A 2011 Catalyst Study showed that companies with more women in leadership positions perform better. Fortune 500 firms that have the most female board members outperform those with the least by 26%. So, why aren’t more women in high-level leadership positions? It may be that the way men and women are communicating in the workplace leads to misunderstandings. It is also possible that the key factor in improving the wage gap between females and males comes down to the fact that men tend to negotiate what they are paid and women tend to accept what is offered to them.
In a study done by economics professor Linda Babcock of Carnegie Mellon University of 78 masters students, she found that 12.5% of women negotiated for their starting salary, versus 52% of men. Following the math on that would mean that the women would have $1.5 million in lost incomes over their career. Add this to the fact that studies show that men are 4x more likely than women to ask for a raise and when woman do, they has for 30% less than men do.
Here’s a VIDEO from Linda Babcock’s Book, Women Don’t Ask. (10 min)
In an article written by Joanne Lipman, the former deputy managing editor of The Wall Street Journal, Women at Work: A Guide for Men, she says the point isn’t to blame men, rather to demystify women. I loved this article! I did lots of research for today which is International Women’s Day and thought this one was by far the one that could have the most impact on the leaders I train, coach, and who read this article most Sunday nights.
Here’s the main points from the article that I think you might find the most helpful:
1. She’s ready for a promotion – she just doesn’t know it yet.
In an internal Hewlett-Packard study they found that men apply for a job when they consider themselves 60% qualified where a woman won’t apply or ask for one until she feels she is 100% qualified. Combine this with the previous statistic that Fortune 500 companies that have more female leaders on their board would tell you, guys, that you are going to need to reach out and potentially sell your best women on stepping into leadership positions. Women – STAND UP!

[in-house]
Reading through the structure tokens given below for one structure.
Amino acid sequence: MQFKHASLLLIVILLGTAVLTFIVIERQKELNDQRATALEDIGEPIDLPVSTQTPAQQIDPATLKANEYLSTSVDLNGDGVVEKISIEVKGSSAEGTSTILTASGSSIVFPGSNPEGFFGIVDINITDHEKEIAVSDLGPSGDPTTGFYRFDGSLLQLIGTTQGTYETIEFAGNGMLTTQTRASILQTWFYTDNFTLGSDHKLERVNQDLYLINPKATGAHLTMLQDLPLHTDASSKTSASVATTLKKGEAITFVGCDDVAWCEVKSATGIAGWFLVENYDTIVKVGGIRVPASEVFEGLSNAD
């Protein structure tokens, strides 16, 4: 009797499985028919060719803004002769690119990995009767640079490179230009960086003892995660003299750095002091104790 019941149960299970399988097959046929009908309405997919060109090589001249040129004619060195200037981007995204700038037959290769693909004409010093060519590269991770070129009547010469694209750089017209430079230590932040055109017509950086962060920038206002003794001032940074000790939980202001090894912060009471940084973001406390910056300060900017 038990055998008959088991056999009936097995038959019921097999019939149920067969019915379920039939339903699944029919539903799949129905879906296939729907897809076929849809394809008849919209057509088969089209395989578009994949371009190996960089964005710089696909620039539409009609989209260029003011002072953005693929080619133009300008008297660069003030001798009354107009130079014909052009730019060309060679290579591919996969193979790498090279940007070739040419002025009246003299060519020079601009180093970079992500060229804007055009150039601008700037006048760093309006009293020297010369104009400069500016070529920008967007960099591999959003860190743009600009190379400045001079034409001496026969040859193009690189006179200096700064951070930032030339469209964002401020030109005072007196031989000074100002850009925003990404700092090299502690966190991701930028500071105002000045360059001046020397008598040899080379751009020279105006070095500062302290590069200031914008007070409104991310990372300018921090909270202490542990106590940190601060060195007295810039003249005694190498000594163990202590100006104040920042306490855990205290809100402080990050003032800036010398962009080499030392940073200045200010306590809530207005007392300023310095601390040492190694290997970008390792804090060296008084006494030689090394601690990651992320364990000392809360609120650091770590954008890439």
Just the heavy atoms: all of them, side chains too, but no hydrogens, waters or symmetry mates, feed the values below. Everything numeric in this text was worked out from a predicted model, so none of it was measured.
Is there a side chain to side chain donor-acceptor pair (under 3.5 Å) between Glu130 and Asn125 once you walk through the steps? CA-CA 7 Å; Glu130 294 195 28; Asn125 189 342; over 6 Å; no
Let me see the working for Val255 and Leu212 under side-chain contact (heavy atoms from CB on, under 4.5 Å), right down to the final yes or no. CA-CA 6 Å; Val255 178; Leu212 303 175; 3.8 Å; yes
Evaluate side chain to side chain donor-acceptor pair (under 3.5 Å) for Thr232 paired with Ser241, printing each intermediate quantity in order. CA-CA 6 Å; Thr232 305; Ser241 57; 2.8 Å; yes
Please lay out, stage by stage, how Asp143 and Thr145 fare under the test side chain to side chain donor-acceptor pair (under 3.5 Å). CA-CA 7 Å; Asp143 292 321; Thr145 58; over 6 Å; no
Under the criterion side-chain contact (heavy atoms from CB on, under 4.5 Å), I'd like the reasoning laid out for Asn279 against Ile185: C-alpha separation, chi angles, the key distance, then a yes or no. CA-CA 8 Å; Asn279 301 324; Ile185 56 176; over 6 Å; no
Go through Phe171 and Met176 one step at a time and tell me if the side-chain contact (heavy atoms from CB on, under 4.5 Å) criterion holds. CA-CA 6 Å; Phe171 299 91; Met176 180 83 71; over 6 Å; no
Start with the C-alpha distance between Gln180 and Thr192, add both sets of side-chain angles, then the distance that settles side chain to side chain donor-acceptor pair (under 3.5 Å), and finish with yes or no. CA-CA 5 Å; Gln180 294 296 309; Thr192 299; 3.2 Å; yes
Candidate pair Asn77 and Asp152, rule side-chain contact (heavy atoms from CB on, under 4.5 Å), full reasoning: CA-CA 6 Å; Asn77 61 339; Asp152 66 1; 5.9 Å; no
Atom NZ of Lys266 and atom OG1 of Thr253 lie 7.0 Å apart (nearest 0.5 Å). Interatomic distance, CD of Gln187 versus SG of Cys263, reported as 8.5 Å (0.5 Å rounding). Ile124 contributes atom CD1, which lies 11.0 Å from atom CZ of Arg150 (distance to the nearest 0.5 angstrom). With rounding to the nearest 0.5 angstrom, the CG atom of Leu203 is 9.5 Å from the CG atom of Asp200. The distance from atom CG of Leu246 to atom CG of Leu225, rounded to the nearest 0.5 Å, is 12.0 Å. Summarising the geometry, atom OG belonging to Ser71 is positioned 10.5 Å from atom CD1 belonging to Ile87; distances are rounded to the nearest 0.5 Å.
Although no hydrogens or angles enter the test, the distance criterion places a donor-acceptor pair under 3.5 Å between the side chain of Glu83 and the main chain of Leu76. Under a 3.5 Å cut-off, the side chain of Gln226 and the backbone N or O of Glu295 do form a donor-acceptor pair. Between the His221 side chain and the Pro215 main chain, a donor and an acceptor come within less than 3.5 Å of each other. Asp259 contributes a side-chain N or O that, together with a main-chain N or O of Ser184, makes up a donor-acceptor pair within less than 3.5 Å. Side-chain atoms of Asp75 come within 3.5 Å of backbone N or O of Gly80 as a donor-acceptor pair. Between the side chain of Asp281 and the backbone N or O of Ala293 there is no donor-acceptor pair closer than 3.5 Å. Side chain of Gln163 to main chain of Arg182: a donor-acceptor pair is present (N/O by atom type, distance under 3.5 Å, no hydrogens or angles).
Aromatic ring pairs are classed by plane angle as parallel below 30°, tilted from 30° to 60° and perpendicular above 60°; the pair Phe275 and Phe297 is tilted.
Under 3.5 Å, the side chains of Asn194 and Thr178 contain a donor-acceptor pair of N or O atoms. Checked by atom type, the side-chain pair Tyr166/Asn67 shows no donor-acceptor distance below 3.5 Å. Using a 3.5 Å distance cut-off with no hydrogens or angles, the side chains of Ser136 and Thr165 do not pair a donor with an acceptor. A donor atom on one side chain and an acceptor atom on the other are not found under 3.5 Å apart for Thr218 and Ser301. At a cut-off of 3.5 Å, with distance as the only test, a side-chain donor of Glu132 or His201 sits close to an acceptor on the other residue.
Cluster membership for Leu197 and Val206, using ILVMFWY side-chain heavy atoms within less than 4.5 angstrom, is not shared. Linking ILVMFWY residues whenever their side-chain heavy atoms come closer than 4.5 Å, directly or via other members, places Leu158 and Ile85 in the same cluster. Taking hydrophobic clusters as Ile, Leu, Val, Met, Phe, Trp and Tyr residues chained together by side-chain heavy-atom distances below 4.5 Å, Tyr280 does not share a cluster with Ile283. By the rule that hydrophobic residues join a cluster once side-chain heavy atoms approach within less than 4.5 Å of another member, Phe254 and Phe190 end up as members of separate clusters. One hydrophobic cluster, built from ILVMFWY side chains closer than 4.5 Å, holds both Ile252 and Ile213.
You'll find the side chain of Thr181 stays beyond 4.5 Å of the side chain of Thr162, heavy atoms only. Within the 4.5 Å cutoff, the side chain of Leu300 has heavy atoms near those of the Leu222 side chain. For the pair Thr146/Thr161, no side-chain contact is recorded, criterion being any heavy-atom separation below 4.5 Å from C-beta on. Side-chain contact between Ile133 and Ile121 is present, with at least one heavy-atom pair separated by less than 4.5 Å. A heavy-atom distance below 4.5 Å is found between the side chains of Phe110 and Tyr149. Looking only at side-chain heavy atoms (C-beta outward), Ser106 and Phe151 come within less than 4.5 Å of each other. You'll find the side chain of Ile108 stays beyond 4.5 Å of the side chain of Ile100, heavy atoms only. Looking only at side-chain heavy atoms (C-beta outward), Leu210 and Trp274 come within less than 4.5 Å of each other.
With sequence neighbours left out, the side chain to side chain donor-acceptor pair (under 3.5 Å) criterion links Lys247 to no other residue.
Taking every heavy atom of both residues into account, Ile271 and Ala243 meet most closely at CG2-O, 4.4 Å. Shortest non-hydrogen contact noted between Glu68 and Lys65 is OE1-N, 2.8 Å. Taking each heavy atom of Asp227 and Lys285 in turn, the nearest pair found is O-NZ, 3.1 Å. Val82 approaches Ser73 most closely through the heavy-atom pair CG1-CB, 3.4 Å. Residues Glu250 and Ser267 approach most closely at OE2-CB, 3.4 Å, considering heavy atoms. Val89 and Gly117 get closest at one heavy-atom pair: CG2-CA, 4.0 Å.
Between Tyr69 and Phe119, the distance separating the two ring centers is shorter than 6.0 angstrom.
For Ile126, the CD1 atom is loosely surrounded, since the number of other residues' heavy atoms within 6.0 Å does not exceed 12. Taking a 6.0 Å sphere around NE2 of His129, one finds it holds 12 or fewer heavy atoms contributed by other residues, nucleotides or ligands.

2. She’s pretty sure that you don’t respect her.
I really identified with this one! For women, when we walk into a room we have to prove we are qualified whereas our male counterparts have to prove they aren’t. Hey men. You may not have experienced this so you may not realize or be aware of what your female counterparts experience. How you can help yourself? Appreciate and recognize women for the specific behaviors or deliverables. Women – know that you are qualified and capable. Ask for what you need!
3. She deserves a raise.
Again, she won’t ask for it though. Women, do your research. Determine what the job you want pays and ask for more than that if you are qualified and experienced. It’s not rude. It’s not impolite. Ask! From the research, men ask, they get, which may be one reason for the pay differential that women can affect. Practice asking.
Additional points made in the article are that women can be put-off by being referred to as “girls” and women tend to apologize WAY more than men do. Emotions are normal. Just because someone might get a tear when receiving feedback doesn’t mean you should not give it. Especially when the feedback could be helpful to their advancement and development.
Today is International Women’s Day. In 1908, 15,000 women marked through New York demanding shorter work hours, better pay and voting rights.
Let’s raise our self-esteem and our confidence levels this week! Tell a woman you know how fabulous she is. Be specific. Let her know that she matters to you and your organization. Empowering her will definitely add to your people equity account. Women – celebrate something, RIGHT NOW, about you!
Leadership EXERCISE for this week that won’t have you breaking a sweat:
Observe yours and others behaviors when it comes to asking for what you or they need. Is each person on your team contributing to the discussion? Before you break from your next meeting, do a round (ask each person individually) what might be missing or what would success look like for each participant in regard to the project or change you are working on. You could even have the team watch the above mentioned video with the author of the book Woman Don’t Ask and have team members discuss their viewpoints on what they learn and what they have experienced in your organization and on your team.
Consider whether you seek those best qualified for a position or wait for them to “go after it”. Could a change in that approach net you a few more fabulous leaders in the future?
Additional references for this article include: